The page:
It’s a family decision about when kids will start to fast. Here are some great tips for those who want to help young children ease into the tradition.

howstuffworks:

Do you know a mad scientist in training? A tiny Einstein? A miniature Mendel? A chibi Marie Curie?

Kids in grades K-8 can win $10,000 towards lab equipment for their school by entering our Science Challenge. Deadline extended to May 26th! Find the details on Stuff to Blow Your Mind.

Shamelessly reblogging own post ‘cause the deadline approacheth and this weekend would be a lovely time for your kids to talk about science.

(via women-in-science)

stuffmomnevertoldyou:

stufftoblowyourmind:

torteen:

picadorbookroom:

In honor of Children’s Book Week, here’s a photo of an awesome kid.

Every kid should have this picture taken of them.

-
Go out of your way to read banned books. As if you could resist…

a) this is awesome.
b) Cristen wrote “How does banning a book work?” for HowStuffWorks in case you want to give your lit brain a present.

stuffmomnevertoldyou:

stufftoblowyourmind:

torteen:

picadorbookroom:

In honor of Children’s Book Week, here’s a photo of an awesome kid.

Every kid should have this picture taken of them.

-

Go out of your way to read banned books. As if you could resist…

a) this is awesome.

b) Cristen wrote “How does banning a book work?” for HowStuffWorks in case you want to give your lit brain a present.

(Source: unapproachableblackchicks)

ikenbot:

Dances from Around the World: Children learn to program using KIWI robots

A robotics curricular unit integrating themes of dance, music, and culture with engineering, building, and programming. A research project directed Professor Marina Umaschi Bers at the DevTech Research Group at Tufts University.

The KIWI robotics construction set is designed to work with CHERP software (Creative Hybrid Environment for Robotic Programming). CHERP is a hybrid tangible/graphical computer language designed to provide an engaging introduction to computer programming for children in both formal and informal educational settings. CHERP was designed at Tufts University by the DevTech Research Group (NSF Grant No. DRL-0735657).

(Ready For Robotics)

(Source: kenobi-wan-obi)

Do you know a mad scientist in training? A tiny Einstein? A miniature Mendel? A chibi Marie Curie?

Kids in grades K-8 can win $10,000 towards lab equipment for their school by entering our Science Challenge. Deadline extended to May 26th! Find the details on Stuff to Blow Your Mind.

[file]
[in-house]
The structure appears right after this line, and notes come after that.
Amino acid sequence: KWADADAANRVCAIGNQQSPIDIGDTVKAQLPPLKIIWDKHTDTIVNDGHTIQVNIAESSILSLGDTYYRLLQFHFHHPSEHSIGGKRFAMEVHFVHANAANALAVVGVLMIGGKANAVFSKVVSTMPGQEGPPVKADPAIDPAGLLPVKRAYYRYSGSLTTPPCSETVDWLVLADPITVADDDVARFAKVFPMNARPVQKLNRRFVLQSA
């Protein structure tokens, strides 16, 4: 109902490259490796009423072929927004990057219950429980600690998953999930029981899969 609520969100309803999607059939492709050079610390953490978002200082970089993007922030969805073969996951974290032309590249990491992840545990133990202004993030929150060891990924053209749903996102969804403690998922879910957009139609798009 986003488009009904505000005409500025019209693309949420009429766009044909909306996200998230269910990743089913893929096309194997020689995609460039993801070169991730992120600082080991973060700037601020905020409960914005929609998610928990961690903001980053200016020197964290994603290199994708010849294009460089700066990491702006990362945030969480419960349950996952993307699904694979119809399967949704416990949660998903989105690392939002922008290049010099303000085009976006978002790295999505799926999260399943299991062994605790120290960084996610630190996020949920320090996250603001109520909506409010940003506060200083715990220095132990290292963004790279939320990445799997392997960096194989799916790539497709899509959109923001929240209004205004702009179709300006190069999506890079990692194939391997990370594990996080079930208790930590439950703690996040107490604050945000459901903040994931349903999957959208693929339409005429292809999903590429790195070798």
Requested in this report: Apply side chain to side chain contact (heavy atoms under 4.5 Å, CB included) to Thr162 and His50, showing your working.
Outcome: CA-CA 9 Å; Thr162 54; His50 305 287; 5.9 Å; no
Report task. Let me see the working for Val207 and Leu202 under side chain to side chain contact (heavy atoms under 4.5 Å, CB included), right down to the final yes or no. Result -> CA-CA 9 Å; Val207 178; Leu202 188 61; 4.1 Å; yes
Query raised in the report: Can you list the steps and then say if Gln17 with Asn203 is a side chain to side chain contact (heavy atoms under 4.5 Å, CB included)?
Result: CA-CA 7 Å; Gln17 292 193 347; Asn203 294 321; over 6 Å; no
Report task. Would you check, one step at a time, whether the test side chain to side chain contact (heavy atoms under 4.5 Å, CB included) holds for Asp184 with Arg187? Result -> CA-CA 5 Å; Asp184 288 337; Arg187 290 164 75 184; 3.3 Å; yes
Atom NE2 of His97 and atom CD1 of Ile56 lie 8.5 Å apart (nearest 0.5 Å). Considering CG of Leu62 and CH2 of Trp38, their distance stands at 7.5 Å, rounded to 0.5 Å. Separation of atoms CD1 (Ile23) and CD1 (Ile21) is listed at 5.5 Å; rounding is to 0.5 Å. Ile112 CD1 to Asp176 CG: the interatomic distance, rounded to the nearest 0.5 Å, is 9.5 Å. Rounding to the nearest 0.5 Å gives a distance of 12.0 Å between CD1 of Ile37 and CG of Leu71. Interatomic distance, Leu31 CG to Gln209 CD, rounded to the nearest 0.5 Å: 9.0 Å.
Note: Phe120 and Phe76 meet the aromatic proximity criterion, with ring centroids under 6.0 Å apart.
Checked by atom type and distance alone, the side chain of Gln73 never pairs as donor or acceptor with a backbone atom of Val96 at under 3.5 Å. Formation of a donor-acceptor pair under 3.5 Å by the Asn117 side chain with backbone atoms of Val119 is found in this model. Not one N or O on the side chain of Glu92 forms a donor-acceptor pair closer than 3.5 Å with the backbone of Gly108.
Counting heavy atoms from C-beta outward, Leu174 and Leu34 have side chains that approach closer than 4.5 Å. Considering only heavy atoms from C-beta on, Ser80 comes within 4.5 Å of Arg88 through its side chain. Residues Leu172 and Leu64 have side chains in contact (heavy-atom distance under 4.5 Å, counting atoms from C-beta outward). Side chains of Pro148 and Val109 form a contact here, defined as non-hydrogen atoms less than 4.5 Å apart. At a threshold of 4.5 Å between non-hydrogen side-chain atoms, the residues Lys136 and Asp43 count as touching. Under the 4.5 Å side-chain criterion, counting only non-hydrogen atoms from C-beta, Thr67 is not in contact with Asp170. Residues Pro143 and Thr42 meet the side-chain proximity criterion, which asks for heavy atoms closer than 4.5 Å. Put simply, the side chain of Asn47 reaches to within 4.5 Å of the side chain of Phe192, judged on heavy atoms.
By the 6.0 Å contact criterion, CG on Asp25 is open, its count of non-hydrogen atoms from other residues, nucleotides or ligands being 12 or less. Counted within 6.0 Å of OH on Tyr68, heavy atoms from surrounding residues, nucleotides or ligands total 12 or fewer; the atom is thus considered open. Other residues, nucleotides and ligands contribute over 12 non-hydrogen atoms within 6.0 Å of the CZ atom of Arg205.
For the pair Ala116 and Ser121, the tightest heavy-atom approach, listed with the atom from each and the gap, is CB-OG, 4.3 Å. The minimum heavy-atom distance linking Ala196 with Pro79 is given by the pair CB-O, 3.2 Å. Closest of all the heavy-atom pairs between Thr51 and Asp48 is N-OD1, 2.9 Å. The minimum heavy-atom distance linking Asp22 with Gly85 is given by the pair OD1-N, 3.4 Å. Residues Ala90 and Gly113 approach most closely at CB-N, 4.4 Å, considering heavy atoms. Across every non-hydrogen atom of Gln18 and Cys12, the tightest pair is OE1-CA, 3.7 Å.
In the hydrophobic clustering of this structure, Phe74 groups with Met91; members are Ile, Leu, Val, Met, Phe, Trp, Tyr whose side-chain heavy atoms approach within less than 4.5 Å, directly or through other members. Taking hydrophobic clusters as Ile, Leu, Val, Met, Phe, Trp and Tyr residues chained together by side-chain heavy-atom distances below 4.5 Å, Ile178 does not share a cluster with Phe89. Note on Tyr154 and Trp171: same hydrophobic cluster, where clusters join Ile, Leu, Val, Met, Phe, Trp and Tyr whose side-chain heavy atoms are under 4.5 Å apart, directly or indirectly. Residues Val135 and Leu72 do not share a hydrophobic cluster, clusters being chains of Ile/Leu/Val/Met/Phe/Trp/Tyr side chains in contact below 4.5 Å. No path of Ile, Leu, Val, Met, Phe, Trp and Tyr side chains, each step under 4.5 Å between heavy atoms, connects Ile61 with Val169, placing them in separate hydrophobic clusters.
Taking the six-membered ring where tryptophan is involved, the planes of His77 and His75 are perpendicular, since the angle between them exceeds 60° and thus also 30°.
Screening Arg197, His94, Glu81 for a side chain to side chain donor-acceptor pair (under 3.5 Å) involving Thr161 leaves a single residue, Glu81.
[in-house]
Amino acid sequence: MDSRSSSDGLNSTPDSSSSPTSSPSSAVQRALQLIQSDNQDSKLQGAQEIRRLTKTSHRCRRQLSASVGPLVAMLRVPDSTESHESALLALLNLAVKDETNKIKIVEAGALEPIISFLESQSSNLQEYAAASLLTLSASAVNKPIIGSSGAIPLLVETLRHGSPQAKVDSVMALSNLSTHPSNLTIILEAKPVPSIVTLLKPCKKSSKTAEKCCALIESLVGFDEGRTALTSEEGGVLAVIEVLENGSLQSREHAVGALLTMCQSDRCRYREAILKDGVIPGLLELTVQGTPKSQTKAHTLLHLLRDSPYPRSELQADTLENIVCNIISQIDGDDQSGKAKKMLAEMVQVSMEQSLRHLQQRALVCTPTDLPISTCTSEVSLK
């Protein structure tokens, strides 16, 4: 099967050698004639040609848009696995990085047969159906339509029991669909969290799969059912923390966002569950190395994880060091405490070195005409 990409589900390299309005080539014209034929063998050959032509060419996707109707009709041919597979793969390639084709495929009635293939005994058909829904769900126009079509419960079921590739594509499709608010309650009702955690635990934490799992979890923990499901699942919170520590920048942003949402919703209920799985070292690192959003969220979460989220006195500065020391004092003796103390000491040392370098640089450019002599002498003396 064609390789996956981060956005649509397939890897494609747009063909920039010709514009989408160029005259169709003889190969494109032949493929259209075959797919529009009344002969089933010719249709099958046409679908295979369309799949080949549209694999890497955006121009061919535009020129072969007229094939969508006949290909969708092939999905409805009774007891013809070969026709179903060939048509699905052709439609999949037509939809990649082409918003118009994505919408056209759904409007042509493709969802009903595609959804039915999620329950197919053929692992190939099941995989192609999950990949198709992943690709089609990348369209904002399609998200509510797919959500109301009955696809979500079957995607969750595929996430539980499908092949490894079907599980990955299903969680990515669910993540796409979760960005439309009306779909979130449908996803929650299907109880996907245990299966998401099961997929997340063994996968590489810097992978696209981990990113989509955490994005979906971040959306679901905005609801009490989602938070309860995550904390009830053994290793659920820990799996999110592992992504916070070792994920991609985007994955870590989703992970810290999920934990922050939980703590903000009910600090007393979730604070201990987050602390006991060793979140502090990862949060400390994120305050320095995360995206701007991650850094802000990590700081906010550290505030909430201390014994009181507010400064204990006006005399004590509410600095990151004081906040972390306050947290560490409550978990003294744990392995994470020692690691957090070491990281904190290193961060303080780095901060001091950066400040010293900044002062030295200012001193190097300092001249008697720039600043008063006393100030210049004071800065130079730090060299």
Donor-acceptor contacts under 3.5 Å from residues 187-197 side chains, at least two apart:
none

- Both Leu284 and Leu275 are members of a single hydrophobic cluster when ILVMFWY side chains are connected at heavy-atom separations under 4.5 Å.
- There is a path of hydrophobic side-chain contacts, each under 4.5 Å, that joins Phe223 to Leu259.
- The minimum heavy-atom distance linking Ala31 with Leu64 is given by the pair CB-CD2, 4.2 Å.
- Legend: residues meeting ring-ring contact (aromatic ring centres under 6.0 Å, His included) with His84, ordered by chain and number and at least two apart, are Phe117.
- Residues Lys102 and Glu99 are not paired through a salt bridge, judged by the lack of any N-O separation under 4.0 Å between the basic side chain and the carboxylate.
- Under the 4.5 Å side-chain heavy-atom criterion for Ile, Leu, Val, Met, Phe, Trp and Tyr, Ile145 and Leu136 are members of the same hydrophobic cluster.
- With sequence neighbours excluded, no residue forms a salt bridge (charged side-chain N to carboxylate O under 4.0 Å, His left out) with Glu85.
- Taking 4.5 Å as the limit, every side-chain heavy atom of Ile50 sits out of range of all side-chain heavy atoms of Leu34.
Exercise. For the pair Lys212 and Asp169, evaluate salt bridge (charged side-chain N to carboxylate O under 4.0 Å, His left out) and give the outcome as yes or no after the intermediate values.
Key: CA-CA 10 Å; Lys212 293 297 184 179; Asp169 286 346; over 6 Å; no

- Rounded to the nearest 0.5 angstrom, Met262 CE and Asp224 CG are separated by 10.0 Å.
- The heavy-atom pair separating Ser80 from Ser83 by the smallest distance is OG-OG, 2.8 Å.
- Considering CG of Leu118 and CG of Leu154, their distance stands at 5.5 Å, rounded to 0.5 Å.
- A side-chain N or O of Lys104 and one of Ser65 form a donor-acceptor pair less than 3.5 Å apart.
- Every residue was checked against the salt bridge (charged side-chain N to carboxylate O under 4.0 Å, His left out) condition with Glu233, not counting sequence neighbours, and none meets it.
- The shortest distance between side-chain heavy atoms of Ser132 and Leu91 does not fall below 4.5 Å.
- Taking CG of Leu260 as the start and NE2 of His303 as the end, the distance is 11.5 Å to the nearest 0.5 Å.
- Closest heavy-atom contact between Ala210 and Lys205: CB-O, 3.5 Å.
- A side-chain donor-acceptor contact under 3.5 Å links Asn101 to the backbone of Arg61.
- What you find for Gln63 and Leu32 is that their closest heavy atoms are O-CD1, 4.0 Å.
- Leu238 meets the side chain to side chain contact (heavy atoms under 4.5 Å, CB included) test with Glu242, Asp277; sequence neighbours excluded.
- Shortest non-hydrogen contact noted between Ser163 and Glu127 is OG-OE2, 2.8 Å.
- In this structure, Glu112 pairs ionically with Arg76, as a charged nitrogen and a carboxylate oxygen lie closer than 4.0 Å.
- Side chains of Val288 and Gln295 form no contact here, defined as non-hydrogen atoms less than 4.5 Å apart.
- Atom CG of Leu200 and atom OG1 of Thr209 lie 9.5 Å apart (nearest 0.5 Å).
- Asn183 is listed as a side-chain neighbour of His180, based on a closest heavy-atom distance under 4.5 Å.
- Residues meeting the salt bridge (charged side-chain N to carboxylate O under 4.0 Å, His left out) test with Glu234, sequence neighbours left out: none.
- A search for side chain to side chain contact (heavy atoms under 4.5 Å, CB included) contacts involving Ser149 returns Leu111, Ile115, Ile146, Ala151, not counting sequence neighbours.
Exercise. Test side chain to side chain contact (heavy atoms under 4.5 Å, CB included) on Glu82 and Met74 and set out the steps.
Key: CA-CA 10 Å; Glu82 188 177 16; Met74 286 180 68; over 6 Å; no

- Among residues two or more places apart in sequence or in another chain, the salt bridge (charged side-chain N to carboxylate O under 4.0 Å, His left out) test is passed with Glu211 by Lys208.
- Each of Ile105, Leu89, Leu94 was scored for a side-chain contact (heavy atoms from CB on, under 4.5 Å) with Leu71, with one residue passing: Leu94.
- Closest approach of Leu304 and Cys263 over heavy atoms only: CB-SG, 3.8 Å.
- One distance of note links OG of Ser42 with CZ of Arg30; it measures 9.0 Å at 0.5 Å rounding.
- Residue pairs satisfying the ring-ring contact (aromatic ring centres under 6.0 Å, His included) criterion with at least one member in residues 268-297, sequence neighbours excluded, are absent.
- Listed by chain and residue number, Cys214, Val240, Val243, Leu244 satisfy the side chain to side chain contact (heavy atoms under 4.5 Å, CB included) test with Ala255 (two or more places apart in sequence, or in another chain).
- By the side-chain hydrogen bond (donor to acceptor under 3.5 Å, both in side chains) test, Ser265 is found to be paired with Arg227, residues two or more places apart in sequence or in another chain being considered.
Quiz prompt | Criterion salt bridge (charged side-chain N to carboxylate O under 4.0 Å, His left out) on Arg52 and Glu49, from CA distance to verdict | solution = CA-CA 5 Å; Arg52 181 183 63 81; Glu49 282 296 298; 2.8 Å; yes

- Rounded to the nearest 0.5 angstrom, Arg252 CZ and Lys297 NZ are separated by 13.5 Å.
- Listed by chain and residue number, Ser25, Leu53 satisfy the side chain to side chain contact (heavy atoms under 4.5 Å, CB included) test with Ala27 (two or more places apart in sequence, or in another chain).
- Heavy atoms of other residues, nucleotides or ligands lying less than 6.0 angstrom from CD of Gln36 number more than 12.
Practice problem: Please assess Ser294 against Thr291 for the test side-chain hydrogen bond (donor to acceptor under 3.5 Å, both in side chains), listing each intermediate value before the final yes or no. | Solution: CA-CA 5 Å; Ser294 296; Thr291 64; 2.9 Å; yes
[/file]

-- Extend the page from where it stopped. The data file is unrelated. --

neuromorphogenesis:

Rare, Lethal Childhood Disease Tracked to Specific Protein
For the first time, a defective protein that plays a specific role in degrading intermediate filaments (IF), one of three classes of filaments that form the structure of nerve cells, has been discovered by an international team of researchers. 
Presented by postdoctoral fellow Saleemulla Mahammad, PhD, at the American Society for Cell Biology Annual Meeting, the research discusses how the defective protein, gigaxonin, was first identified in children with a rare and untreatable genetic disease known as giant axonal neuropathy (GAN). 
The knowledge of gigaxonin’s specific role explains why a failure in protein degradation would lead to massive aggregations of IF in the neuronal cells of GAN children, said Mahammad, who works in the laboratory of Robert Goldman, PhD,chair of cell and molecular biology. 
Mahammad and other members of the Goldman Laboratory collaborated with Puneet Opal, MD, PhD, associate Professor in the Ken and Ruth Davee Department of Neurology and cell and molecular biology, along with researchers in the laboratory of Pascale Bomont at the INSERM neurological institute in Montpelier, France, and the laboratory of Jean-Pierre Julien at the Université Laval in Quebec, Canada. 
The GAN gene was first identified in 2000 by the Bomont Laboratory, reporting that it encoded for the protein gigaxonin. Based on sequence homology, gigaxonin is involved in the normal turnover of proteins by the well-studied ubiquitin-proteasome system. But it wasn’t clear why a failure in protein degradation would lead to massive aggregations of IF in a patient’s neuronal cells.